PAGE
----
Gracias, Merci, Danke, Shukran, Dank u, Mahalo, Komapsumnida, Arigato, Maharaba, Khawp khun, Cám ơn, Thank You! 

As I approach the first birthday of my book, "The Power Formula for LinkedIn Success," I recently found out it has just passed all the competition and is the #1 selling LinkedIn book in the history of the world! How cool is that! This is only possible because people in my network have consistently shared my book with their networks. Thank you for being part of this very special group of people. 


Let me start this week's tip by asking you one of the questions I asked on my latest LinkedIn user survey:


"Do you have your LinkedIn settings set so your connections can look at your other connections?"

  • Yes
  • No
  • Not sure

The survey said: Yes (71%), No (10%), Not sure (19%).


If you are not sure, follow these steps to check out what your setting currently is.


view connections 


The default on LinkedIn is "Yes." That is probably why most people are in that position, not because they made a conscious decision to do so. That being said, LinkedIn by definition is a networking site, and thus it is built and based on the premise that most of us want to help our connections by sharing who we know with them. This is undoubtedly LinkedIn's logic for its default setting. 


This is one of the most critical strategy decisions you have to make on LinkedIn, and yet many people are not making a conscious decision about it. Others are confused about it, and thus I am frequently asked about this setting at my LinkedIn seminars. Therefore, I present to you:



FAQ: "Who Can See Whom on LinkedIn?" and Why You Should Care



Q:  Why are people hiding their connections from their network? It doesn't seem fair.


A:  Most of the time they are doing it because some of their direct connections (1st level) are names they want to keep confidential (typically clients). 


As far as whether it is fair or not, I used to feel it was unfair. However, I then realized some people would not be on LinkedIn if they didn't have the ability to turn this off. That being said, I am glad the control exists, because the more people on LinkedIn, the better for all of us.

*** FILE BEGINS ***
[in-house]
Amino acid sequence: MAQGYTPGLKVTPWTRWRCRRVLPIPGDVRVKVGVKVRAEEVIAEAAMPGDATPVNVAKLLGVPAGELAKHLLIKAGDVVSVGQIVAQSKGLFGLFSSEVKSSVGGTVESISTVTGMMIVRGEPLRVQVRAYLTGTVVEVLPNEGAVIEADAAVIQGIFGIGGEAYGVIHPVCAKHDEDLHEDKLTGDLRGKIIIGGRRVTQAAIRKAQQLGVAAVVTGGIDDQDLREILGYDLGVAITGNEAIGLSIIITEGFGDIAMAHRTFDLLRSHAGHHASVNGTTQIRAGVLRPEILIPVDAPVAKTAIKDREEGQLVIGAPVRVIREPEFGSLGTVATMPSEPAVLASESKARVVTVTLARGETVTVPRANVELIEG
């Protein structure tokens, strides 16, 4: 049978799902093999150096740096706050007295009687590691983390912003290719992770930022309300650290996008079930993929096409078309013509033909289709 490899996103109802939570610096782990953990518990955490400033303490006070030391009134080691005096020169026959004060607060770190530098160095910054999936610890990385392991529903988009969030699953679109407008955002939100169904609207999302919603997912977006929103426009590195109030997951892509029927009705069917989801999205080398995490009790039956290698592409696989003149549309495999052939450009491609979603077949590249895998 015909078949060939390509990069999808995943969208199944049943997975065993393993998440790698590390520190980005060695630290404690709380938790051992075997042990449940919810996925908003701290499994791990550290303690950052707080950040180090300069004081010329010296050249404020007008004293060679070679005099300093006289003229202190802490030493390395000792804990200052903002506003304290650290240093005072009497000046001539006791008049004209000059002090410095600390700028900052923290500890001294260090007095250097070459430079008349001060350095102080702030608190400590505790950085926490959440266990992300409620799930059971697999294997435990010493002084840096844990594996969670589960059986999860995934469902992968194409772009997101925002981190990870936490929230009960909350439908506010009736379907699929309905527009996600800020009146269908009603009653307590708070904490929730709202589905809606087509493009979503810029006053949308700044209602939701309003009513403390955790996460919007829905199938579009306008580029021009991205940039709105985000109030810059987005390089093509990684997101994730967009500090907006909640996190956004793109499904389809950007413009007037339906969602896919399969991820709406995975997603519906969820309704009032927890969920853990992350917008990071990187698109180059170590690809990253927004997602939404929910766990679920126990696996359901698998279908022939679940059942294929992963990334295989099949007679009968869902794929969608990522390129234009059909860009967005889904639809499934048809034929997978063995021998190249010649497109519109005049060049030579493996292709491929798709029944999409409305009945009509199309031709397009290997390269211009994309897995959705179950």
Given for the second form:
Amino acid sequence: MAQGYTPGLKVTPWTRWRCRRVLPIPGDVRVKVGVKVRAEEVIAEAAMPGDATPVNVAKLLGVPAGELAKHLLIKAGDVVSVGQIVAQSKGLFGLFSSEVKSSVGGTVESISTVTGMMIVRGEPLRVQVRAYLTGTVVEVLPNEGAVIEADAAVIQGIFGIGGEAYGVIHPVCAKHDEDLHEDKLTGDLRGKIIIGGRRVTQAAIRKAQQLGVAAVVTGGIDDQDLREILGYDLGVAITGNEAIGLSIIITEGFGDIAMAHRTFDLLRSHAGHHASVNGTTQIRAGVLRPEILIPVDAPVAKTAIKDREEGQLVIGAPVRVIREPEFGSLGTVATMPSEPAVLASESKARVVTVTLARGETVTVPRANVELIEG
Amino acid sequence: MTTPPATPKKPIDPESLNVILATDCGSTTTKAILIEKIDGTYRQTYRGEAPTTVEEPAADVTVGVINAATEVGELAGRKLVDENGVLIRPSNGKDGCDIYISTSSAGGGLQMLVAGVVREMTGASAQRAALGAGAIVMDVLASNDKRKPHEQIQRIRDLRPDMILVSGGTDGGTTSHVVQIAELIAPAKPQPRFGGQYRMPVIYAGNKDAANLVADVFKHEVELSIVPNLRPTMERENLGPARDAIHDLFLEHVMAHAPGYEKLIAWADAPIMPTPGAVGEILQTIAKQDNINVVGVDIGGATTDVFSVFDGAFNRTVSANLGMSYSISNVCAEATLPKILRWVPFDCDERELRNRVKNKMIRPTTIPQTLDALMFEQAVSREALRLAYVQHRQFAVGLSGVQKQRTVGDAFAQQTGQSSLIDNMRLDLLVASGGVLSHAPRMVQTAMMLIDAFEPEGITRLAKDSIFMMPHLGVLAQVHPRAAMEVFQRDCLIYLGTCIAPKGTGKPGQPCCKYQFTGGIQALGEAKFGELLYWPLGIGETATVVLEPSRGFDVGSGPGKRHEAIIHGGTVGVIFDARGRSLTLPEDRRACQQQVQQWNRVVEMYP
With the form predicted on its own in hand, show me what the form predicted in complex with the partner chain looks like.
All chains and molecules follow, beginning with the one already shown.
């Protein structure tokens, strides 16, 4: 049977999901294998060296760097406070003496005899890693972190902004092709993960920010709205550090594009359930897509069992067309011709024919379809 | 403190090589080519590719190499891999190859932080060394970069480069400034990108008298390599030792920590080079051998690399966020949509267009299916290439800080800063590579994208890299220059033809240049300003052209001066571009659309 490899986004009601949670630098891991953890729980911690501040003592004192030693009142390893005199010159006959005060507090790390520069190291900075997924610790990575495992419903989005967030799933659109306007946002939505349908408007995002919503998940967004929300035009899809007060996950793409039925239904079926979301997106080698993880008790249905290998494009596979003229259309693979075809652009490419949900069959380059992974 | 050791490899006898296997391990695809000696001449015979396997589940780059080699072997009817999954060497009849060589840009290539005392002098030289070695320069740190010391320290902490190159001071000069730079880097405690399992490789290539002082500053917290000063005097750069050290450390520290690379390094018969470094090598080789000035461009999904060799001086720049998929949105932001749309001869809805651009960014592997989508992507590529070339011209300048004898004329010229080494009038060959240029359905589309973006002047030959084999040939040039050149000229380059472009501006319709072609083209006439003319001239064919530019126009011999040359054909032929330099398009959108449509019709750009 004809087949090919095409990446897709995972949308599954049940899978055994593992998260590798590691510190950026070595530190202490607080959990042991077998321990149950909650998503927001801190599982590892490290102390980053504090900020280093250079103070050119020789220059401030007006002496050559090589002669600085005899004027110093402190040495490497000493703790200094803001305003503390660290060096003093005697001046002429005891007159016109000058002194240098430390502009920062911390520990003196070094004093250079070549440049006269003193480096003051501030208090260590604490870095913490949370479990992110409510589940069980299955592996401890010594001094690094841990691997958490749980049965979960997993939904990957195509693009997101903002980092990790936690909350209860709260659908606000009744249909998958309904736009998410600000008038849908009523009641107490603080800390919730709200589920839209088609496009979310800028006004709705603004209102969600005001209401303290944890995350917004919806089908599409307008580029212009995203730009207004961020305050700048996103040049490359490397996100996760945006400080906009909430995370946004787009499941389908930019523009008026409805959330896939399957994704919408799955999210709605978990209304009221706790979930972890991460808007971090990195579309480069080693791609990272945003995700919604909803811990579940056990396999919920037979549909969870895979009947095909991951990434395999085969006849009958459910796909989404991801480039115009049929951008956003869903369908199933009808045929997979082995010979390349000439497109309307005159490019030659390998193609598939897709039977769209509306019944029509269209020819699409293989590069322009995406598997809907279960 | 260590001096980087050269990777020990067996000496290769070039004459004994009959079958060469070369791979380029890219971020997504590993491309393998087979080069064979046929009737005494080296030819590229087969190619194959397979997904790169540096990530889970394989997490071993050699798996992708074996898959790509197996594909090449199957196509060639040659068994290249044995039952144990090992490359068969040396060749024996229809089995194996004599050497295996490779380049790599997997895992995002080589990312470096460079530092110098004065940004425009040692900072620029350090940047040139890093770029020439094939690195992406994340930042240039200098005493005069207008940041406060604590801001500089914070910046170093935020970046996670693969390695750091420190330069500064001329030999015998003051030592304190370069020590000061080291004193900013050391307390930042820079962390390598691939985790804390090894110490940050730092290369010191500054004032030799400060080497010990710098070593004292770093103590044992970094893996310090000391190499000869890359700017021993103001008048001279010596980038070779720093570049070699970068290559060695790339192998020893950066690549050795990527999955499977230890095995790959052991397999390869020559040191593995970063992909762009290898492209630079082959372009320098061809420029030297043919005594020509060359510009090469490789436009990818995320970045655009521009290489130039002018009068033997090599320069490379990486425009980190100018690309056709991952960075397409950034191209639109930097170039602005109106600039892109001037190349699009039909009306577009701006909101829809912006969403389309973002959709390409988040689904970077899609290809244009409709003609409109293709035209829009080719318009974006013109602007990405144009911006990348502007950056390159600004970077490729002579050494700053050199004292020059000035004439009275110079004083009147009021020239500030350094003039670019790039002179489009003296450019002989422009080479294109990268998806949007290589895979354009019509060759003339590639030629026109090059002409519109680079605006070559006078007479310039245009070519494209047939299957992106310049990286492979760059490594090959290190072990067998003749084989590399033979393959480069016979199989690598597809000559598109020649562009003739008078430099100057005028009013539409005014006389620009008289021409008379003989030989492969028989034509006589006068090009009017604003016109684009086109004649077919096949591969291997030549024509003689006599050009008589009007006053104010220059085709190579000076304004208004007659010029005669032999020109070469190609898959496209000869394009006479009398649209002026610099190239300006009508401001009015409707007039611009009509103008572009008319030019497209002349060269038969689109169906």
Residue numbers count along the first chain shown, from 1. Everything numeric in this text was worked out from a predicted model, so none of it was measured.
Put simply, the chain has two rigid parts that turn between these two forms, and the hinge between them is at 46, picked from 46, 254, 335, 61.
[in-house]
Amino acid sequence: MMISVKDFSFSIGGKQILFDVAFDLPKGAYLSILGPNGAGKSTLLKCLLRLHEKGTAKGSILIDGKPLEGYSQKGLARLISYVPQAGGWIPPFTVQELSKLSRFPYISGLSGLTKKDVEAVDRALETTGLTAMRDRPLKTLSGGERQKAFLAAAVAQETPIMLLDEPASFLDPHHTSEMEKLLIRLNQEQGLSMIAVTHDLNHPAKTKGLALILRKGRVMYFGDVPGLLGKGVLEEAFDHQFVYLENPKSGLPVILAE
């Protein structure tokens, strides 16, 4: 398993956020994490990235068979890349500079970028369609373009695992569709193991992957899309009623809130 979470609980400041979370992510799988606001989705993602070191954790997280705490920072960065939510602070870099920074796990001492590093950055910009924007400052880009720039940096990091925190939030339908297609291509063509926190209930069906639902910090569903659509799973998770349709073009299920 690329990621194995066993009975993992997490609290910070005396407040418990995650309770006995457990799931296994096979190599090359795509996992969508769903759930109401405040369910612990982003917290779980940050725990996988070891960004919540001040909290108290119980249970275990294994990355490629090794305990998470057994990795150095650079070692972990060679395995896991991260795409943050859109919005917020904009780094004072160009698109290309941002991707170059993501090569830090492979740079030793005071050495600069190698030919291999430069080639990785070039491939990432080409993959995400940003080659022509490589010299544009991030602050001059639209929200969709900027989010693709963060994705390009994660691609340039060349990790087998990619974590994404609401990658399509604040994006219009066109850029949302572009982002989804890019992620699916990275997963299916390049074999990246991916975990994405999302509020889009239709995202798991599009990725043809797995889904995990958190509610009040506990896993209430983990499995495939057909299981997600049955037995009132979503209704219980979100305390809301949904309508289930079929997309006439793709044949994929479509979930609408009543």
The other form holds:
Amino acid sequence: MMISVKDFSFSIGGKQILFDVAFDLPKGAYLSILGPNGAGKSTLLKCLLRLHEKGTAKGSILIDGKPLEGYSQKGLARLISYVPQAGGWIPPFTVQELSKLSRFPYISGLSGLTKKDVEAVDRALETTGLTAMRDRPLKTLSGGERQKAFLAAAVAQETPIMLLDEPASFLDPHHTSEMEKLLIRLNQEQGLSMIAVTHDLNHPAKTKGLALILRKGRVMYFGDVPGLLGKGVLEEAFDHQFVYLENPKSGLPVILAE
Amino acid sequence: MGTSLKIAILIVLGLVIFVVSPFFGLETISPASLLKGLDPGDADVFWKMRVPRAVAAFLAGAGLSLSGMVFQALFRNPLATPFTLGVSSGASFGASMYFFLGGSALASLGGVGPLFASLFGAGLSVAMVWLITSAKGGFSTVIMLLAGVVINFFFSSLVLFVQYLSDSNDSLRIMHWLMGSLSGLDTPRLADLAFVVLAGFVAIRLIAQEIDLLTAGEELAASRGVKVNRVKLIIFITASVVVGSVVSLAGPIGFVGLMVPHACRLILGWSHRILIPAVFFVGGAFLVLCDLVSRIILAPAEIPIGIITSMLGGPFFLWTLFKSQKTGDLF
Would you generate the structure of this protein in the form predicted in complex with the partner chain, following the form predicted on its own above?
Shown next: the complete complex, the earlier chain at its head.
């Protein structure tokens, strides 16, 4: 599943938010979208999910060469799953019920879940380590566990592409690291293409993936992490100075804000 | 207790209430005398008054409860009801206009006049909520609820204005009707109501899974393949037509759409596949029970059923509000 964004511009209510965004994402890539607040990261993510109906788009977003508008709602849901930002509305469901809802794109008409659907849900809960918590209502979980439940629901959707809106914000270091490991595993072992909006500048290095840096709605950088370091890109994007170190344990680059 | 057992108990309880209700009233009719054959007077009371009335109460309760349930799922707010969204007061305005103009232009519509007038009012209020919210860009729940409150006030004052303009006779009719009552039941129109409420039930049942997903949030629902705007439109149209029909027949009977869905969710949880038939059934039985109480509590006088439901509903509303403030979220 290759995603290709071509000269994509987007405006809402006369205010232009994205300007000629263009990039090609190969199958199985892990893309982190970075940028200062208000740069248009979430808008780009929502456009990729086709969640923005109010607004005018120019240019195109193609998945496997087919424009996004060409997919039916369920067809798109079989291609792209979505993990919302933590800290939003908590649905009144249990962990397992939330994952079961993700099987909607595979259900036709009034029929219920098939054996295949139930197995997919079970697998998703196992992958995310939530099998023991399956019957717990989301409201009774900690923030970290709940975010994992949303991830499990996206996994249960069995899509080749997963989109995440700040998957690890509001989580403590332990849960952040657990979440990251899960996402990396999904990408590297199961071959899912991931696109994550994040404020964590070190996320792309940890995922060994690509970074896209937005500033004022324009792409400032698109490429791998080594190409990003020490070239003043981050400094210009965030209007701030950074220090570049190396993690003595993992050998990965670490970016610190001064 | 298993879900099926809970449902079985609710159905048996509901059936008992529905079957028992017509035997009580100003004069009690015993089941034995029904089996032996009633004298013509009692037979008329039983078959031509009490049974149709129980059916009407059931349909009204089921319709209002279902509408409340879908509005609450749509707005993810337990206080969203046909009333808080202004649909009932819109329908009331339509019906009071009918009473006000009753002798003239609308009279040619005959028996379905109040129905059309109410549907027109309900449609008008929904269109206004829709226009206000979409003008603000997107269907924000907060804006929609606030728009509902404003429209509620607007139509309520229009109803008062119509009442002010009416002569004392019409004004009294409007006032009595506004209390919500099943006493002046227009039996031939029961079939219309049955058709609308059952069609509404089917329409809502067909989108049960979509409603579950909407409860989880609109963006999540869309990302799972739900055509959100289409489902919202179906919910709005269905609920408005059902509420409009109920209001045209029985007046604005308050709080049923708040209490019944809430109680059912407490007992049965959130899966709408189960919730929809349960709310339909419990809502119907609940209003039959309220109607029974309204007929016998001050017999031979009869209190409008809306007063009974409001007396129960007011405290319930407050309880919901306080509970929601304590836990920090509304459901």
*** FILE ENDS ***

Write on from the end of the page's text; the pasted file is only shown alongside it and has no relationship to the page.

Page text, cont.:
Q:  If my search uncovers a 2nd level connection but our common 1st level connection has hidden his/her connections, will I be able to tell who our common 1st level connection is?


A:  The great news is the answer is "Yes." That is why people who choose to hide their connections are still important people to have in your network.



Q:  What types of people are choosing to hide their 1st level connections on LinkedIn?


A:  These are typically people who provide professional services, such as accountants, attorneys, insurance and financial brokers, architects. I also see some CEOs and company presidents making this choice.



Q:  Can 2nd or 3rd degree connections or fellow group members ever see my 1st level connections?


A:  No, not unless you decide to invite them to move up into a privileged 1st level connection position.



Q:  Can I pick and choose the people in my network who I will allow to see my connections?


A:  No. At this time the setting applies to all 1st level connections.



Q:  Do you think I should connect with competitors?


A:  My quick answer is are you nuts? Would you hand over your database of your most precious business connections (including clients) to your competitors? 


My not-so-quick answer is sometimes relationships are much more complex than that, so you have to weigh all the pros and cons. 



Q:  What is a LinkedIn best practice as it relates to reviewing the 1st level connections of some of my 1st level connections?


A:  If you have some very well-networked people in your network, set an appointment with yourself to review their connections (assuming they let you) on a periodic basis. Remember--there's gold in them thar hills!